posted on Dec, 24 2002 @ 03:18 PM
- Iraqi President Saddam Hussein said on Tuesday that U.N. weapons inspections, if fair, would expose American "lies" and prove that Iraq was free
of weapons of mass destruction.
In a Christmas Eve message read out on state television, he also said an "American-Zionist campaign" was being launched and the threat of a
large-scale military campaign was growing.
He questioned whether a November Security Council resolution to disarm Iraq would proceed as intended, noting the drums of a U.S.-led war against Iraq
were beating louder.
"We are confident that the outcome of the inspections will be a great shock to the United States and will expose its lies, if things remain on a
technical and professional course with no hidden agendas," Saddam said.
"The world will then discover its false allegations and will see the bad intentions of its officials," he added. "But will things proceed in a
manner that will ensure the achievement of the Security Council's declared objectives?"
He said the Christian festive season this year was marked by special circumstances "created by the powers of evil and darkness to spread chaos and
create states of destabilization and tension" in many parts of the world.
To achieve the goal of controlling the wealth of countries, he said the "forces of evil" resort to "various ways and means of lies and deception,
fabrication and false accusation, as well as threats and military aggression."
"It is in this context that the American-Zionist campaign against Iraq is being launched while the tone of a threatened, large-scale military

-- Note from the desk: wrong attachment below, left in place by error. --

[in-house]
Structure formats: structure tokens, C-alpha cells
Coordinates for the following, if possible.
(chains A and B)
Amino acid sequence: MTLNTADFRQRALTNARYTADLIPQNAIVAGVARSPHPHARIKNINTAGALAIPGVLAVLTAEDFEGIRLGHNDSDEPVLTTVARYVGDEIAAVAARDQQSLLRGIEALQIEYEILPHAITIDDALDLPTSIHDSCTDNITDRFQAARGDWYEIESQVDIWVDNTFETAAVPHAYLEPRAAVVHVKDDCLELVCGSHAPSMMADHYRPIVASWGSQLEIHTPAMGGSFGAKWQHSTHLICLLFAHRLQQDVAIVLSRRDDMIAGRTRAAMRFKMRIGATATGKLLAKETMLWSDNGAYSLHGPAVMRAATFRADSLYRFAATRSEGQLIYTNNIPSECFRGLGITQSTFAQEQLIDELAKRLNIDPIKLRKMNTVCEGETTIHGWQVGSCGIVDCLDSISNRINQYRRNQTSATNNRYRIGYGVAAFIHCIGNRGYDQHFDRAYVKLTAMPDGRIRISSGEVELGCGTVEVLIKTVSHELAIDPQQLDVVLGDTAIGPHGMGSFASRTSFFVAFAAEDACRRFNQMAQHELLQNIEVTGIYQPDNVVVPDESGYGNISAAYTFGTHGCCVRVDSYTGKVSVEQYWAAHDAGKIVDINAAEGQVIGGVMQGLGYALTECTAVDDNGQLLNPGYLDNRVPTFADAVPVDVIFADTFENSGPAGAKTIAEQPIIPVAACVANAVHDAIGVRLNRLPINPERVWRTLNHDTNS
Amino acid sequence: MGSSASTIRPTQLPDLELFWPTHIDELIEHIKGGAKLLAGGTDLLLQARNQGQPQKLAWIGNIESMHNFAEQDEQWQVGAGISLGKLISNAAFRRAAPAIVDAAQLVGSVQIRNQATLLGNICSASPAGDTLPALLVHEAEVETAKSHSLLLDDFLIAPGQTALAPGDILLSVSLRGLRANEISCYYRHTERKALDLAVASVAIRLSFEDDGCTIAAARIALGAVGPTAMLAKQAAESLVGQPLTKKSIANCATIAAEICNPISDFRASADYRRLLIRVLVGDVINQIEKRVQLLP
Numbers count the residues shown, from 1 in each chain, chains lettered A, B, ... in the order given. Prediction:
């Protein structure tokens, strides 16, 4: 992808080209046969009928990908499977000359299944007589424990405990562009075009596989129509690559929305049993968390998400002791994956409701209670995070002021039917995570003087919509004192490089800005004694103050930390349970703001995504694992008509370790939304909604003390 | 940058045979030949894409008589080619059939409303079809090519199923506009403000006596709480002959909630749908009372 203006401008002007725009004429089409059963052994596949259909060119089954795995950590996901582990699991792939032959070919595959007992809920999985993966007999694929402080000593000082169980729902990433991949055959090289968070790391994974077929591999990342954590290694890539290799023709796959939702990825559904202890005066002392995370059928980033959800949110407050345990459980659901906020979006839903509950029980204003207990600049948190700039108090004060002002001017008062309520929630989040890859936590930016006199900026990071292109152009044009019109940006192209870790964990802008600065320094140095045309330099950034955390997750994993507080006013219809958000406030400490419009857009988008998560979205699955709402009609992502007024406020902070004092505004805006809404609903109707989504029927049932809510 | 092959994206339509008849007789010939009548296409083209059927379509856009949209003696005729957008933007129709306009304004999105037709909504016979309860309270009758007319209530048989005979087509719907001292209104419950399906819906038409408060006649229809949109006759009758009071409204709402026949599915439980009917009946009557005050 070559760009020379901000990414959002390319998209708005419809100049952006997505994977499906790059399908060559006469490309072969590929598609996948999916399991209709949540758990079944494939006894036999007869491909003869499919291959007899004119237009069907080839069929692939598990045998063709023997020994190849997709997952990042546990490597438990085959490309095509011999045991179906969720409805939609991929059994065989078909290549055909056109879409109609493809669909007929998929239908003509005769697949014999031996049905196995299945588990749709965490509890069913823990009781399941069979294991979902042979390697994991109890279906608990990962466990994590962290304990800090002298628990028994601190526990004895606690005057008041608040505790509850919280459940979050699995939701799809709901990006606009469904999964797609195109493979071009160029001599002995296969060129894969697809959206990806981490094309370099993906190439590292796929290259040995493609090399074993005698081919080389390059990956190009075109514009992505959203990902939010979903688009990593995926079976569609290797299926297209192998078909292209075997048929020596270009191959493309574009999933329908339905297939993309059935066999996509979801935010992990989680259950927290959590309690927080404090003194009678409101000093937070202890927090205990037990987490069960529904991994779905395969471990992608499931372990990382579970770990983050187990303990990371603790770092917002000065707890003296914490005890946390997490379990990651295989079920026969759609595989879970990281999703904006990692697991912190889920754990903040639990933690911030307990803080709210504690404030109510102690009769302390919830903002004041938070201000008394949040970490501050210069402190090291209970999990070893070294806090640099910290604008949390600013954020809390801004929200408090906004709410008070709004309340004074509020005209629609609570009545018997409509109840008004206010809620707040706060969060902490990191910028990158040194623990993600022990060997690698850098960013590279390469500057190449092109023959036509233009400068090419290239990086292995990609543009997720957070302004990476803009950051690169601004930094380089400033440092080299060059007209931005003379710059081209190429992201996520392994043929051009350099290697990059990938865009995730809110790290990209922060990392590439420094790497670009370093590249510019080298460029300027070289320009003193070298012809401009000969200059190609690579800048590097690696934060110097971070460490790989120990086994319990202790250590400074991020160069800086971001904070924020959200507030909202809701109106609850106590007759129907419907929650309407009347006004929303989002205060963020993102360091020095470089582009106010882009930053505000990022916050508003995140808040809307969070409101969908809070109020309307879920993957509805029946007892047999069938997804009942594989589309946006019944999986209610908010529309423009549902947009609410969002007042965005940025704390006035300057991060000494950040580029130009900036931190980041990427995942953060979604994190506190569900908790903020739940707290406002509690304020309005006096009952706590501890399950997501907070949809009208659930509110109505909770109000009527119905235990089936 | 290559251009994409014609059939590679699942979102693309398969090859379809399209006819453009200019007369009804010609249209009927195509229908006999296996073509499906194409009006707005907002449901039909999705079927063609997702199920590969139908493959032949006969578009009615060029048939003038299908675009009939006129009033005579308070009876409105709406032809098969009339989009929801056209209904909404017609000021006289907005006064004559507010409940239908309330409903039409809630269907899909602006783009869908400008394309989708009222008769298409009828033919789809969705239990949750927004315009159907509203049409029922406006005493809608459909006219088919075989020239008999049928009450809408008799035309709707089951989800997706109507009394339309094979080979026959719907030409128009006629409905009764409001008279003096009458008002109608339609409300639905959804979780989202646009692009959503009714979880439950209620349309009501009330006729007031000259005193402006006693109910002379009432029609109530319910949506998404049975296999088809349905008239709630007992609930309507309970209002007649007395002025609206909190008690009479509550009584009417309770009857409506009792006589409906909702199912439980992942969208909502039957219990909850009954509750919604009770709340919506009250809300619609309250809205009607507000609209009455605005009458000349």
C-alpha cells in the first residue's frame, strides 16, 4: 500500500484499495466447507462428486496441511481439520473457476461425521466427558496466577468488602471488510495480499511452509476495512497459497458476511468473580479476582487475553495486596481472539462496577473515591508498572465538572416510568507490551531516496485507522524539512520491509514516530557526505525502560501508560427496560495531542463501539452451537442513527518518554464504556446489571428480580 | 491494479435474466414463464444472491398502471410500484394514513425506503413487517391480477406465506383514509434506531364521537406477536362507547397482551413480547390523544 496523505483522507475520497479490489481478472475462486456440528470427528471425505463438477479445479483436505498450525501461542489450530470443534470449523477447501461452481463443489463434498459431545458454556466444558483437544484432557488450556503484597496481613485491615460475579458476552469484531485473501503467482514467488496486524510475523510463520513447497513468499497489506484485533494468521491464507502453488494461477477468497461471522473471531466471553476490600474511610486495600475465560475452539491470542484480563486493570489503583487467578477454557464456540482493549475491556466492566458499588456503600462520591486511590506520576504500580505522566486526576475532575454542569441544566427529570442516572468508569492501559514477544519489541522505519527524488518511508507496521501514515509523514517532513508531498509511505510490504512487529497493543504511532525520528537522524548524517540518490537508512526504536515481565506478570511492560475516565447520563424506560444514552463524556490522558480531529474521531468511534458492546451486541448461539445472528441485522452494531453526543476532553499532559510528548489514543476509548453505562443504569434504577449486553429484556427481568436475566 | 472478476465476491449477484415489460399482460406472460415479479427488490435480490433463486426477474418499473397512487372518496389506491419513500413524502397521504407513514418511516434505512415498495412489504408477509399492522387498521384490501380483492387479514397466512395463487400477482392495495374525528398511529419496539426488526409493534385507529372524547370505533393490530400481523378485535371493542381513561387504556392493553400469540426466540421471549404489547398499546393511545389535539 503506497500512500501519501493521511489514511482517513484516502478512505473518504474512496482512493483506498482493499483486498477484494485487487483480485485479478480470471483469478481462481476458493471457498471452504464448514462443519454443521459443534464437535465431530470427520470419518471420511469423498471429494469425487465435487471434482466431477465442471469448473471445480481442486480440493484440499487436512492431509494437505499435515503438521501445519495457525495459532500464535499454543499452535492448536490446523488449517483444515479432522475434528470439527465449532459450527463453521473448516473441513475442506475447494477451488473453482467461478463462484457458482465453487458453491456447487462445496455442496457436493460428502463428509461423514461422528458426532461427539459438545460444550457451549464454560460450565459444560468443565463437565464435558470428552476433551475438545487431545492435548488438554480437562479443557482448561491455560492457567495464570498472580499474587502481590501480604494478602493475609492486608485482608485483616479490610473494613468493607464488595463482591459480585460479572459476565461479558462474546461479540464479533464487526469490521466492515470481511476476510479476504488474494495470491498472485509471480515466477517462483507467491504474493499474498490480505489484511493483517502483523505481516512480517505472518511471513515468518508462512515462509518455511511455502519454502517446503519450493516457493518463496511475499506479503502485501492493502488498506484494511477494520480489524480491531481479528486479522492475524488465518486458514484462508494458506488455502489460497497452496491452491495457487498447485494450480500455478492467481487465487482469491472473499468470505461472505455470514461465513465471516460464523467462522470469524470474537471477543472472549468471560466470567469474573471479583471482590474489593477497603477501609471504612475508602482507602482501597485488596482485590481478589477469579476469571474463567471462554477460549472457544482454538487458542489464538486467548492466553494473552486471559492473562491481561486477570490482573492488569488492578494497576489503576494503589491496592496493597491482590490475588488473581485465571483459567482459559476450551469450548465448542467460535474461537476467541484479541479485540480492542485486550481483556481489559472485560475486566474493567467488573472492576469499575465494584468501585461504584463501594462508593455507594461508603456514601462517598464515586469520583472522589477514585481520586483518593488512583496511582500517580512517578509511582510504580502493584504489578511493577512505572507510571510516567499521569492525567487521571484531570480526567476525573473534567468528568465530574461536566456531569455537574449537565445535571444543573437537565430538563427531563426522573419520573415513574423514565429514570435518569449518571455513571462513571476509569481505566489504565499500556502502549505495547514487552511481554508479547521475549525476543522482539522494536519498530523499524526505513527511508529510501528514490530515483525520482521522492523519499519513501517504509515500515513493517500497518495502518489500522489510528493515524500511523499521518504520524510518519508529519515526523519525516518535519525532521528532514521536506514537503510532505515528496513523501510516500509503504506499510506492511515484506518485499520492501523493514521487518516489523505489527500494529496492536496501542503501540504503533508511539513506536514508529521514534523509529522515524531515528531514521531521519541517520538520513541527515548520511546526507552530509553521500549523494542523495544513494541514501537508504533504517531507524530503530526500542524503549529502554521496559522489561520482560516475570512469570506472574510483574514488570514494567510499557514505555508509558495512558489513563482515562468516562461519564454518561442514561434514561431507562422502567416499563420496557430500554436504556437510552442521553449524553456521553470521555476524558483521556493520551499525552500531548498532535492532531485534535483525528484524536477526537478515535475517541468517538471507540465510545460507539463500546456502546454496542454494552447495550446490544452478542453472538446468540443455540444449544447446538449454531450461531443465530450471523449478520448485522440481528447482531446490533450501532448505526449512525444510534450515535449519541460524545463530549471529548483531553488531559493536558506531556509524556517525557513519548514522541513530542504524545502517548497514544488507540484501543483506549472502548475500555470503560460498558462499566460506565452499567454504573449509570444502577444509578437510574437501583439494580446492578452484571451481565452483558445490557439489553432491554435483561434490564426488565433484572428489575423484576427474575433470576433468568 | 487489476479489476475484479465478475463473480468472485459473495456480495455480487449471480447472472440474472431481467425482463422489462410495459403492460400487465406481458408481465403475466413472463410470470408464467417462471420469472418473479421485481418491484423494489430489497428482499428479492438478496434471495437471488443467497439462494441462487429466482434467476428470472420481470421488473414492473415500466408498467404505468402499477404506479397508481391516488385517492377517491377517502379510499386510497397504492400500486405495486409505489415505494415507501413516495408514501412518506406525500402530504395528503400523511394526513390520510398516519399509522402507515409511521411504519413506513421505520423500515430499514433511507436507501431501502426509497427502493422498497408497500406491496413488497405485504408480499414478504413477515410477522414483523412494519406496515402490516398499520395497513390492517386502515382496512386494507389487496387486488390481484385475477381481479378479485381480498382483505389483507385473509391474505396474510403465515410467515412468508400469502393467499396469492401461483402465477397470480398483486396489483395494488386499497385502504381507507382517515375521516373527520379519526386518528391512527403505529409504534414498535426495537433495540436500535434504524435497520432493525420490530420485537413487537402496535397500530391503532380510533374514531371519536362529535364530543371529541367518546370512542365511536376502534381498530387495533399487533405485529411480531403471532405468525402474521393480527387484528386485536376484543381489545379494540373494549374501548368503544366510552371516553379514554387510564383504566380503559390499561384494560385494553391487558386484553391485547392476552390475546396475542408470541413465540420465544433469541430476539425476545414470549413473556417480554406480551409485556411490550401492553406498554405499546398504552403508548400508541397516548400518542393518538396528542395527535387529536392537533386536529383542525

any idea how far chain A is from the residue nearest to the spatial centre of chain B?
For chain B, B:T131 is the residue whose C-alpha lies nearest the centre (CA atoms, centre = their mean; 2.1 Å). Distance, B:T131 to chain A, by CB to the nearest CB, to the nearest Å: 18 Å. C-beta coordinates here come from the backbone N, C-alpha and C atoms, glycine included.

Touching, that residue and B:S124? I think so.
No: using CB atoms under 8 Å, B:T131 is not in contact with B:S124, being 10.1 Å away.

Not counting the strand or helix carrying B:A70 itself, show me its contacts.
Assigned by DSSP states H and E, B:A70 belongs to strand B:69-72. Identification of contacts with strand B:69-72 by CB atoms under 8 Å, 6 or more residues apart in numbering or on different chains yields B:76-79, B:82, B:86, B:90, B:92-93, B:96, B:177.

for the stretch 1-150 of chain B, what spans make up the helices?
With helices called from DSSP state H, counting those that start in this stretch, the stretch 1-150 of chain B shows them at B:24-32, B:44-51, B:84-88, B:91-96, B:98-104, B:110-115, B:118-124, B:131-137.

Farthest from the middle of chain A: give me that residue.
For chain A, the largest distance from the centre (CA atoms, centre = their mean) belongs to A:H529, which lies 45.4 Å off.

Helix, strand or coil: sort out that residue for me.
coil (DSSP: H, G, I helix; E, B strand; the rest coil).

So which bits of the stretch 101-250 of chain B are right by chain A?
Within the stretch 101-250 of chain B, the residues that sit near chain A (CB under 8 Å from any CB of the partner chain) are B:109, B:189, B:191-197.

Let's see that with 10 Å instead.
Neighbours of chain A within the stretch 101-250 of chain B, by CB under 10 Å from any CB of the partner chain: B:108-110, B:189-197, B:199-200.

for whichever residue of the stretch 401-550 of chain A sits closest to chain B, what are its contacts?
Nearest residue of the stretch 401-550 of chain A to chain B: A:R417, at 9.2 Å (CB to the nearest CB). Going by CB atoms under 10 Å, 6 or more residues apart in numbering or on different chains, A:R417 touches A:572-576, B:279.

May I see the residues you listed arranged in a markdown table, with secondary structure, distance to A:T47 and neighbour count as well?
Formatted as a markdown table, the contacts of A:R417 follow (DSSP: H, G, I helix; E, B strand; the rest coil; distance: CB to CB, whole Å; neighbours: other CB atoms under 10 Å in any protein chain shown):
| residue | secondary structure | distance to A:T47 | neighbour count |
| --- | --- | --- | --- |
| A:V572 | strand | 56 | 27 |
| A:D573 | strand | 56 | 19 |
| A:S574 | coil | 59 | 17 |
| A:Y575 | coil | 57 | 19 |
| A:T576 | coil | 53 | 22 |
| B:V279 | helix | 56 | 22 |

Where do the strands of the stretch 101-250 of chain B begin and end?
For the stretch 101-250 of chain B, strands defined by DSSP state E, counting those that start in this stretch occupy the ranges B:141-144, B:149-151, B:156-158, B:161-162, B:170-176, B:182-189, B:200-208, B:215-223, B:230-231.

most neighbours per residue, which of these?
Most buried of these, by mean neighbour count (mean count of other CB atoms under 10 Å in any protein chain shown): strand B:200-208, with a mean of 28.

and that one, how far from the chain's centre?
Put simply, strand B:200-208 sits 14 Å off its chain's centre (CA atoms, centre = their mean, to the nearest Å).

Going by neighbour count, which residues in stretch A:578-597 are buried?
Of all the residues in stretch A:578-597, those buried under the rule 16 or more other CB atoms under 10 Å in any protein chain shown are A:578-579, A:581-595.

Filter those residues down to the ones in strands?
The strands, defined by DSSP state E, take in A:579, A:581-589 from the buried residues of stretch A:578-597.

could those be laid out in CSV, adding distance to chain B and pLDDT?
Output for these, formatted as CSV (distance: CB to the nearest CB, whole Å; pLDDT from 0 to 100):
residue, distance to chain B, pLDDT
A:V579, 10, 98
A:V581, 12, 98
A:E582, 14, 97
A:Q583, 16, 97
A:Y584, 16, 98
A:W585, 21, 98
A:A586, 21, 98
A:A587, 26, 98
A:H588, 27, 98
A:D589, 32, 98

aggression against our peace-loving people is growing louder...," he said.
Christians number about a 1.5 million out of a total Iraqi population of about 23 million, the vast majority of them Muslims. The colorful mosaic of
Christian sects includes Chaldeans, Copts, Roman and Melkite Catholics, Maronites and Greek Orthodox.
Among the most prominent Iraqi Christians on the international stage is Deputy Prime Minister Tareq Aziz.
U.N. weapons inspectors returned to Iraq last month after a four-year break to resume the hunt for biological, chemical and nuclear weapons of mass
The United States has threatened to lead a military coalition to disarm Iraq if it does not obey U.N. resolutions.
Iraq denies that it has any weapons of mass destruction, and agreed to Security Council Resolution 1441 which set tough terms for inspections and
threatened war if Baghdad did not comply.
Saddam said Iraq accepted resolution 1441, which he again described as "bad," not as a sign of weakness or fear but "to prove its sincerity when it
declares that it has none of these (banned) weapons."